Climate Change and Causation: Joining Law and Climate Science on the basis of Formal Logic

Petra Minnerop, Friederike Otto

Research output: Contribution to journalArticle

Abstract

A strict application of legal tests to find the cause of an event has always been a challenge for a coherent causal analysis. This is again the case for making causal statements in the climate change context, although we are witnessing unprecedented impacts of a changing climate at a global scale. While probabilistic event attribution provides information linking greenhouse gas emission levels to observable characteristics of extreme weather and climate related events, the conventional understanding of causation in law provides a very limited response to this scientific knowledge. We offer a new matrix for developing causal explanations based on formal logic, for a coherent analysis that is compatible with climate science and law. This matrix causally explains the relation between emissions, the increase in global mean surface temperature, the general increase in frequency and severity of climate related events and, most significantly, between emissions and individual climate related events.
Original languageEnglish
JournalBuffalo Environmental Law Journal
Volume27
Publication statusPublished - 2020

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climate change
climate
matrix
greenhouse gas
surface temperature
science
weather
analysis

Keywords

  • Causation
  • climate change
  • climate litigation
  • probabilistic event attribution
  • factual causation
  • legal causation

Cite this

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title = "Climate Change and Causation: Joining Law and Climate Science on the basis of Formal Logic",
abstract = "A strict application of legal tests to find the cause of an event has always been a challenge for a coherent causal analysis. This is again the case for making causal statements in the climate change context, although we are witnessing unprecedented impacts of a changing climate at a global scale. While probabilistic event attribution provides information linking greenhouse gas emission levels to observable characteristics of extreme weather and climate related events, the conventional understanding of causation in law provides a very limited response to this scientific knowledge. We offer a new matrix for developing causal explanations based on formal logic, for a coherent analysis that is compatible with climate science and law. This matrix causally explains the relation between emissions, the increase in global mean surface temperature, the general increase in frequency and severity of climate related events and, most significantly, between emissions and individual climate related events.",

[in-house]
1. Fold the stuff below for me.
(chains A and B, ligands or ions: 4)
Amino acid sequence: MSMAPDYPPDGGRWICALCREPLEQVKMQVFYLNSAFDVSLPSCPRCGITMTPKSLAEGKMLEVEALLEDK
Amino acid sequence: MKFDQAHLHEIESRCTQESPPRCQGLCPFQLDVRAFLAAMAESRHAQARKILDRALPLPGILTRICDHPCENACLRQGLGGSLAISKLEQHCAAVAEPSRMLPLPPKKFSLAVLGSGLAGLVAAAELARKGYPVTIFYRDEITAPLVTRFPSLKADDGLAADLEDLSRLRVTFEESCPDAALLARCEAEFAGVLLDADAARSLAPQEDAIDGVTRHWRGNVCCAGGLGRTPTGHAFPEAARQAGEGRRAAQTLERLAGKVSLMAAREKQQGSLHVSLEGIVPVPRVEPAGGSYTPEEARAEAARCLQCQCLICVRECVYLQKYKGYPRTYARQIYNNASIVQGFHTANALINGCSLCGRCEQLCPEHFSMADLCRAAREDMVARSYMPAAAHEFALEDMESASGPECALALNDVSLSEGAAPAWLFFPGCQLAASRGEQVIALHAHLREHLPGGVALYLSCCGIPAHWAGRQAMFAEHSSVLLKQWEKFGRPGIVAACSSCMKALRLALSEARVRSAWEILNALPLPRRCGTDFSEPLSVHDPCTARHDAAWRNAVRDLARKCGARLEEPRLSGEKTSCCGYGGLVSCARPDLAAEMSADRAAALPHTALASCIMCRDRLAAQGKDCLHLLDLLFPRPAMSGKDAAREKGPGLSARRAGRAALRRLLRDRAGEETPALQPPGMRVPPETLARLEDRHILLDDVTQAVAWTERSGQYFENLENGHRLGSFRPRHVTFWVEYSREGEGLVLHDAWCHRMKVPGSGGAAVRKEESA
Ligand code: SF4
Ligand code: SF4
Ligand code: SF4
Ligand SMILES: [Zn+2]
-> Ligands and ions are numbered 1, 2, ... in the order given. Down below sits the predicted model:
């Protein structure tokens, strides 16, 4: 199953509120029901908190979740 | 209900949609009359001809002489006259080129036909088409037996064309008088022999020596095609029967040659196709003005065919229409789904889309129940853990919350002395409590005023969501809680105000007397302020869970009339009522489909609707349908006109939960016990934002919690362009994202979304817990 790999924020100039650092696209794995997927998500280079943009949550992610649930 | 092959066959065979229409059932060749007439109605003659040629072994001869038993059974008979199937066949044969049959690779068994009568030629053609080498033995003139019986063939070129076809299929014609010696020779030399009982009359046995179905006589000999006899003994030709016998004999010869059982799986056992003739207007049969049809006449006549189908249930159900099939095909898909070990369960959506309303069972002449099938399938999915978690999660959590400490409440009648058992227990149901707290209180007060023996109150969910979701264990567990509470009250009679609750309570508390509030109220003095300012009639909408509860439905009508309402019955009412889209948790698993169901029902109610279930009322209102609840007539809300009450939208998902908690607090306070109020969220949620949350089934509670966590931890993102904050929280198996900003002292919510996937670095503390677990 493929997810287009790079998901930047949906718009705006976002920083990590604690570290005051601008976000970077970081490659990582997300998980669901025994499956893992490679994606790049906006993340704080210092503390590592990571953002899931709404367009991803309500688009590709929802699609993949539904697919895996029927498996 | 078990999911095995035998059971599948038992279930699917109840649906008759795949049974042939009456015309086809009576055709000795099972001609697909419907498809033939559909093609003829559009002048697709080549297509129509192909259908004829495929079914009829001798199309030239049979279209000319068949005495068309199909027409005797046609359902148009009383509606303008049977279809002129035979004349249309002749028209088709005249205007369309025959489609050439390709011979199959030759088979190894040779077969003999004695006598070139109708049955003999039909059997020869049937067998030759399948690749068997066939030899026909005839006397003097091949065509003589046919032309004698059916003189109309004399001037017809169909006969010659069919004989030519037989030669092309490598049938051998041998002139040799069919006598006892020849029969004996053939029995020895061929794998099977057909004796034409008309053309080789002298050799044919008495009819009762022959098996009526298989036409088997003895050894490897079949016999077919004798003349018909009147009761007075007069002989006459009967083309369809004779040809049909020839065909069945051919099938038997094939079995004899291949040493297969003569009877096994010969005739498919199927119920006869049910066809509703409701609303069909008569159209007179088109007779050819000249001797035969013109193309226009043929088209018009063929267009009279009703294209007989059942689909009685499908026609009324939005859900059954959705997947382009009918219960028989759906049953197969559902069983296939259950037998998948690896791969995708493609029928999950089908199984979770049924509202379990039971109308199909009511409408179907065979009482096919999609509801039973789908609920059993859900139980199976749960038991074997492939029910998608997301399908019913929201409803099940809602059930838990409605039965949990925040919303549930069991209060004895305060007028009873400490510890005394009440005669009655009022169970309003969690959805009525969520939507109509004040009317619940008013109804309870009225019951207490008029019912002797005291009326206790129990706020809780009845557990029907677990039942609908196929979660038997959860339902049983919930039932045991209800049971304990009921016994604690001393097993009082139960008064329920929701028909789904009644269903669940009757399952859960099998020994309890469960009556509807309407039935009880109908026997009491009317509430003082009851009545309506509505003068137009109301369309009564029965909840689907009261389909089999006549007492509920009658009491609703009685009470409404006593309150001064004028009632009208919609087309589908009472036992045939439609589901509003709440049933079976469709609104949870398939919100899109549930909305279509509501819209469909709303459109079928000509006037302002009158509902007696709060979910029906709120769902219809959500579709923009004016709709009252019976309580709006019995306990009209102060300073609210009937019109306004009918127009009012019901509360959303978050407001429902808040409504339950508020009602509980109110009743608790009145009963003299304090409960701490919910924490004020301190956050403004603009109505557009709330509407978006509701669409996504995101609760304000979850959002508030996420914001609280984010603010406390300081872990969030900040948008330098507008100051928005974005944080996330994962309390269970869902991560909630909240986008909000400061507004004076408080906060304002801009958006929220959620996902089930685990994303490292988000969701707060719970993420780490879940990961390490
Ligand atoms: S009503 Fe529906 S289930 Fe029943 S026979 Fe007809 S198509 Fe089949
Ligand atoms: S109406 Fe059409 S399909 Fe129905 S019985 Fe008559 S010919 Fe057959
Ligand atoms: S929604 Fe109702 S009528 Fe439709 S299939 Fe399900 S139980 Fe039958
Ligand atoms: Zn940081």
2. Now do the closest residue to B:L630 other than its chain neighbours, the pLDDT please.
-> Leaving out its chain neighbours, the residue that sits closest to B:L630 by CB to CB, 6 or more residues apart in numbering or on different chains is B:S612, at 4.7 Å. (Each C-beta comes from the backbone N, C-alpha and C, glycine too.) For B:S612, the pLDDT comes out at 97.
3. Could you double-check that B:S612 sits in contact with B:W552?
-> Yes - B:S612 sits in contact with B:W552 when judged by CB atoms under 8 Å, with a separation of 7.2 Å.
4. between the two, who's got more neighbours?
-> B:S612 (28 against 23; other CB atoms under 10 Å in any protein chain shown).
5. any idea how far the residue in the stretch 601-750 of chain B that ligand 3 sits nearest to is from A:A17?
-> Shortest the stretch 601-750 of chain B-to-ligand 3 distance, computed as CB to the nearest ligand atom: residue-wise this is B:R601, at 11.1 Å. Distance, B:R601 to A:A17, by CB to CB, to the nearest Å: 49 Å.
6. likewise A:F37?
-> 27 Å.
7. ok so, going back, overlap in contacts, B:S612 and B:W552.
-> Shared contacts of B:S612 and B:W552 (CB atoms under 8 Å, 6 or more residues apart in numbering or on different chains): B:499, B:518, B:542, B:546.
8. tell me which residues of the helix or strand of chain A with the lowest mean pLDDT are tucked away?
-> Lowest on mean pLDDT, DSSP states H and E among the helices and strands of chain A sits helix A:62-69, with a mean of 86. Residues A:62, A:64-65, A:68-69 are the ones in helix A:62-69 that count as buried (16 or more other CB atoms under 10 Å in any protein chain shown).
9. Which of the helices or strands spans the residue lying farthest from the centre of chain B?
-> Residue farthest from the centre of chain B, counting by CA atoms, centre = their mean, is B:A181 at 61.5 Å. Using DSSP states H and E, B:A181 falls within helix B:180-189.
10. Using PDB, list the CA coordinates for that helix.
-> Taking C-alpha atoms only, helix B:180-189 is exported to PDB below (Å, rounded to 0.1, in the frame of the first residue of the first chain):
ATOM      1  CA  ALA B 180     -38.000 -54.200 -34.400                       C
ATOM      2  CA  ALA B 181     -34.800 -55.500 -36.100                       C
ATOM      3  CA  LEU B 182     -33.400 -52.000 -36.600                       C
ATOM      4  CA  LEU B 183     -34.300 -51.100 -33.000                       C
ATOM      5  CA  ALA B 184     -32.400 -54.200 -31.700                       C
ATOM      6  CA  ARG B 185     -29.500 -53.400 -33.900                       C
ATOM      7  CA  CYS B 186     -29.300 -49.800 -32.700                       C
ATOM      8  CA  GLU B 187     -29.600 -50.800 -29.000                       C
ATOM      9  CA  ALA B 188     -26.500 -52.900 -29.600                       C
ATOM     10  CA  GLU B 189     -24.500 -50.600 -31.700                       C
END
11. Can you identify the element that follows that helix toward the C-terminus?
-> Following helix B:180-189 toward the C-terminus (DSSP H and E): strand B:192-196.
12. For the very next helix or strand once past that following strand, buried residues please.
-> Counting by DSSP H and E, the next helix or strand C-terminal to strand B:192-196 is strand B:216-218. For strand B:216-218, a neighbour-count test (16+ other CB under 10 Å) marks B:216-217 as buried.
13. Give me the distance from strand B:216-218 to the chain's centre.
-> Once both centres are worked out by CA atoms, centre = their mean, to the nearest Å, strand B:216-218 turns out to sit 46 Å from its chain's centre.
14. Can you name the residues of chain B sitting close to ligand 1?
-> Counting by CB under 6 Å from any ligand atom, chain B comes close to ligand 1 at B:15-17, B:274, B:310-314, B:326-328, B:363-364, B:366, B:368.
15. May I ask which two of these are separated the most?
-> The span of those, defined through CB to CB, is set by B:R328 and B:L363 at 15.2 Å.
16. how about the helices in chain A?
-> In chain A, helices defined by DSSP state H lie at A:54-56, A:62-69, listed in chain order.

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Climate Change and Causation : Joining Law and Climate Science on the basis of Formal Logic. / Minnerop, Petra ; Otto, Friederike.

In: Buffalo Environmental Law Journal, Vol. 27, 2020.

Research output: Contribution to journalArticle

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AU - Minnerop, Petra

AU - Otto, Friederike

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Y1 - 2020

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AB - A strict application of legal tests to find the cause of an event has always been a challenge for a coherent causal analysis. This is again the case for making causal statements in the climate change context, although we are witnessing unprecedented impacts of a changing climate at a global scale. While probabilistic event attribution provides information linking greenhouse gas emission levels to observable characteristics of extreme weather and climate related events, the conventional understanding of causation in law provides a very limited response to this scientific knowledge. We offer a new matrix for developing causal explanations based on formal logic, for a coherent analysis that is compatible with climate science and law. This matrix causally explains the relation between emissions, the increase in global mean surface temperature, the general increase in frequency and severity of climate related events and, most significantly, between emissions and individual climate related events.

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KW - climate change

KW - climate litigation

KW - probabilistic event attribution

KW - factual causation

KW - legal causation

M3 - Article

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